Wine is pretty dang delicious on its own, but you can also use it to add flavour to many dishes, from "drunken" pasta to sauces and stews. You might think you can grab any wine and toss it into a dish, but you should put a little more thought into it before grabbing any bottle you have.
Image from m0les.
Firstly, don't switch between red and white if a recipe calls for one or the other. Red is more tannic than white, which means it gets bitter faster as it reduces, so you'll actually get a huge taste difference if you swap red and white wine. Keep the red wine to a 50 per cent reduction or less to avoid bitterness. Besides that, Bon Appetit lays out some other things to pay attention to when cooking with wine:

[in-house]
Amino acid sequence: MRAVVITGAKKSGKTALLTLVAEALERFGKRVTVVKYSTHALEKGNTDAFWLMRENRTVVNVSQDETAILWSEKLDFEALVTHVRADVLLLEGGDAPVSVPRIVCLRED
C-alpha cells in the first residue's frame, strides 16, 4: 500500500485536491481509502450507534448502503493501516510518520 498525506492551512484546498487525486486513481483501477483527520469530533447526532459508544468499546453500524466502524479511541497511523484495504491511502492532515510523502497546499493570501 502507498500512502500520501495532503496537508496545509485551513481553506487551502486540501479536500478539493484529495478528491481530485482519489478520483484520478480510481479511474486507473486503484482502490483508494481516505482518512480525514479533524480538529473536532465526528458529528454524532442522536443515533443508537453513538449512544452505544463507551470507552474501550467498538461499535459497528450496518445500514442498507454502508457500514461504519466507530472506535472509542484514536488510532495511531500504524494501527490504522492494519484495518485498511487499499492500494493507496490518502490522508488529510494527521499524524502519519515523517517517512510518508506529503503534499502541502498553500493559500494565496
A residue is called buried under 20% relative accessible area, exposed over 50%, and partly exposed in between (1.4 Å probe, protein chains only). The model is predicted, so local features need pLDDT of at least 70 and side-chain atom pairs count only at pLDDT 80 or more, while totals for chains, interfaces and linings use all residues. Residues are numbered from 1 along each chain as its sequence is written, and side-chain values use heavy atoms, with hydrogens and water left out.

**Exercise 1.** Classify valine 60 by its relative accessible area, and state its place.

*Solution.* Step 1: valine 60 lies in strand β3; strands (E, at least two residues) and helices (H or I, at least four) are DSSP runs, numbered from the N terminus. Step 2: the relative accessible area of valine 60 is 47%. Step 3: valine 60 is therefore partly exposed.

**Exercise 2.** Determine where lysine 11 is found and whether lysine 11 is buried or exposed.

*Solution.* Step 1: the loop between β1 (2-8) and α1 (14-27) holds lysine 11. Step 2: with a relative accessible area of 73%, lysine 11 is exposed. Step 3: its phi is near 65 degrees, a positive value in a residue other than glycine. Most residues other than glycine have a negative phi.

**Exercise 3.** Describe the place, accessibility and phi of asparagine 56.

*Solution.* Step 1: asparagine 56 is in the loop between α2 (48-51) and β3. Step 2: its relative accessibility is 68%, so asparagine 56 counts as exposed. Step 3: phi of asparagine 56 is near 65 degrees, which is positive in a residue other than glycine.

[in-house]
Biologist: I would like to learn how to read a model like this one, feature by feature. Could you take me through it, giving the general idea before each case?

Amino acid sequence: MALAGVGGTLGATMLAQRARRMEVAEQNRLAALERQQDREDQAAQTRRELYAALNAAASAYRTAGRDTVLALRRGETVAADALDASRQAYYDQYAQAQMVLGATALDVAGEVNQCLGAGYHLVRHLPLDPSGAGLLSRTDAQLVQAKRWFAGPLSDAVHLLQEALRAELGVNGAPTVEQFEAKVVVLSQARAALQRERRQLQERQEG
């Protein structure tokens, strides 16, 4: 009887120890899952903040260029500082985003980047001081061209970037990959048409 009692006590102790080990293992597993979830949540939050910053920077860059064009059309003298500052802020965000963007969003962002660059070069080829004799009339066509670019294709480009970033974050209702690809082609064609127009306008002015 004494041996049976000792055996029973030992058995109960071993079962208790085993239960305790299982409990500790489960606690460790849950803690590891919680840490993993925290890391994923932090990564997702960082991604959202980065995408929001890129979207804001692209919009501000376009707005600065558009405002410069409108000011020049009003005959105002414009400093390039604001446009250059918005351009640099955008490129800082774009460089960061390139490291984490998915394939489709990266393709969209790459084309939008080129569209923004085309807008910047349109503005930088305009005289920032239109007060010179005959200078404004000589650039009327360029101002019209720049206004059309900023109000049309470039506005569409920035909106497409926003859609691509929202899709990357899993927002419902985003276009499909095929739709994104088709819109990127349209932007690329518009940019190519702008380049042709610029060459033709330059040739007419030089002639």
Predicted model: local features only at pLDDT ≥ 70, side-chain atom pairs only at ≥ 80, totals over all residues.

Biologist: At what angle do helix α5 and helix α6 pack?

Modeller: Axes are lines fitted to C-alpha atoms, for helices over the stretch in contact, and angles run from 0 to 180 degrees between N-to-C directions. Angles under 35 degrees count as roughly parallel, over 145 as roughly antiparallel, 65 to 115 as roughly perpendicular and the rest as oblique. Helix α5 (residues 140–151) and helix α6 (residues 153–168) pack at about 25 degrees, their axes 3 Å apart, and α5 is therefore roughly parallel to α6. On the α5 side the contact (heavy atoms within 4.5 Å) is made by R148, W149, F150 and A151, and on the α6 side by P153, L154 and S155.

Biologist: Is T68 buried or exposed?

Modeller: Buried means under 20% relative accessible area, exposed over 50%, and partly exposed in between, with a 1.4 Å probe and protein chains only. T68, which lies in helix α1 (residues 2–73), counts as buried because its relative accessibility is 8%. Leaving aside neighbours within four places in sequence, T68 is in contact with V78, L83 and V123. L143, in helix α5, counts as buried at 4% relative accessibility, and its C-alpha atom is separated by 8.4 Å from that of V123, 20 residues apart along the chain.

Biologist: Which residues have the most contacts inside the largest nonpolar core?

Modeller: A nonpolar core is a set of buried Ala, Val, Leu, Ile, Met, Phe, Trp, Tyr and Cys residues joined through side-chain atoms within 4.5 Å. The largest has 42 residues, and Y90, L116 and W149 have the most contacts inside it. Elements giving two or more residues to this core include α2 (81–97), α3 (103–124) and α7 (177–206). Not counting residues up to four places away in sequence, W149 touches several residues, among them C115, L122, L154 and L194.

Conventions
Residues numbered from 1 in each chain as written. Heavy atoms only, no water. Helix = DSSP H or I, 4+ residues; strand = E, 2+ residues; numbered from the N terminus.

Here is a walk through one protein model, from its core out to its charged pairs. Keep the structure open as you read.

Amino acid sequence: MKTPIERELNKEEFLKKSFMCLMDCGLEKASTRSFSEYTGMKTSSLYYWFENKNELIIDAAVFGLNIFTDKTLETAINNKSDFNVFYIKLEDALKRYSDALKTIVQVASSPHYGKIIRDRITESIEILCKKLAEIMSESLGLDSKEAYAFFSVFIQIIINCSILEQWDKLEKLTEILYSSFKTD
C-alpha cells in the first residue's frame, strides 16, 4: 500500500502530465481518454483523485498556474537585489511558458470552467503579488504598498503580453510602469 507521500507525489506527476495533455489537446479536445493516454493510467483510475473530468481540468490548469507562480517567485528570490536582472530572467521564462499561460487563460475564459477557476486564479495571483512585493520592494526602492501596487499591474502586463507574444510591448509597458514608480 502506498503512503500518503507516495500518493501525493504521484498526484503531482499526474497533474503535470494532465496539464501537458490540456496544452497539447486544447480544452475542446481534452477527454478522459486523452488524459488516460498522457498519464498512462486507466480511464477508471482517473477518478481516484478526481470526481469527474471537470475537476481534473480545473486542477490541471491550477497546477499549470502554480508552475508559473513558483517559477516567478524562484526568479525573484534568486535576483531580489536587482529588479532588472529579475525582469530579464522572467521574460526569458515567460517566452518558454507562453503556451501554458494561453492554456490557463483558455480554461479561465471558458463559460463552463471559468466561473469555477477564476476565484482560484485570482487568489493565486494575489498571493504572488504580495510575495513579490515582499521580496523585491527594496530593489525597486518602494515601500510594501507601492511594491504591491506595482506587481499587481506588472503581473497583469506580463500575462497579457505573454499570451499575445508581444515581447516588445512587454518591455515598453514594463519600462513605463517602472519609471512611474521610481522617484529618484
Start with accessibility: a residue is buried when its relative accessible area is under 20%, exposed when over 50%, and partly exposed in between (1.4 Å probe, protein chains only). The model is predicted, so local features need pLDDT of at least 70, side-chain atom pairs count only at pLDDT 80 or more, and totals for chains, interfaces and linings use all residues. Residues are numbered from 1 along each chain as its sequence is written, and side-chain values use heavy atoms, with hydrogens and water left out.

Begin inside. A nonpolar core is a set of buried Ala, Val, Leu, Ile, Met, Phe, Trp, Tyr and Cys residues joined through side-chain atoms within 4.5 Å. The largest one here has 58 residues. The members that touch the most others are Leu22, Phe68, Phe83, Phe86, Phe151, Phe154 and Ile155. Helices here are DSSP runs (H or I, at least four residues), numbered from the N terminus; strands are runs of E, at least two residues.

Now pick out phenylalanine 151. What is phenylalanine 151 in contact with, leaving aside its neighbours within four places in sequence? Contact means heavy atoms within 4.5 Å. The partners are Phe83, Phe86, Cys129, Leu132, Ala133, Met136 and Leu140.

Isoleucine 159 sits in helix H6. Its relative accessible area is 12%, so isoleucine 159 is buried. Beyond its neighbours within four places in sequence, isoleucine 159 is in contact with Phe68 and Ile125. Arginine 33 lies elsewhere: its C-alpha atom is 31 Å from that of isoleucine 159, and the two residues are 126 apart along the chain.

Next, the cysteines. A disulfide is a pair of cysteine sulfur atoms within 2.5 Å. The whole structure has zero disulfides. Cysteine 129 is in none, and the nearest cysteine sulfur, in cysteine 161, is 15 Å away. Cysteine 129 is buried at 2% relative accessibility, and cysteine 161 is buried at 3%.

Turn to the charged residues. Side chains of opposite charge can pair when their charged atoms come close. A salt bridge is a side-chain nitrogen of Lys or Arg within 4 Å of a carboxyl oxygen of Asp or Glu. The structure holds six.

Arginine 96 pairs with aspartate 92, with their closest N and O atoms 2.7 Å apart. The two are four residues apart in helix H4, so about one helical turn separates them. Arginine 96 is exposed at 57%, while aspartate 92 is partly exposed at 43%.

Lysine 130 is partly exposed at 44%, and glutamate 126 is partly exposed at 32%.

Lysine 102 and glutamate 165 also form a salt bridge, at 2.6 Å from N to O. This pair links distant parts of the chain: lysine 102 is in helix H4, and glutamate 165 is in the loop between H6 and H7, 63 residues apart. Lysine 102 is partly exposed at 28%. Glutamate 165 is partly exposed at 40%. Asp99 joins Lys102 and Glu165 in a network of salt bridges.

- Price doesn't matter. Since you're changing the flavours a bit by cooking the wine, it makes little difference if you use a $7 bottle or a $70 bottle, so you should probably save the expensive stuff for drinking.
- Choose a wine you like to drink. You won't use the whole bottle to cook, so pick something you like to drink and pour yourself a glass or two! If you don't have a strong preference, merlot works well for just about any recipe that calls for red wine and sauvignon blanc is a good choice for white.
- Skip cooking wine. It can often have salt or preservatives that can affect your dish, plus since you're cooking off the alcohol anyway, you don't really need cooking wine (which usually has the alcohol removed).
You can use wine that's already been opened, but it shouldn't be too old since that can start to change the taste, which will change how your dish's flavours turn out.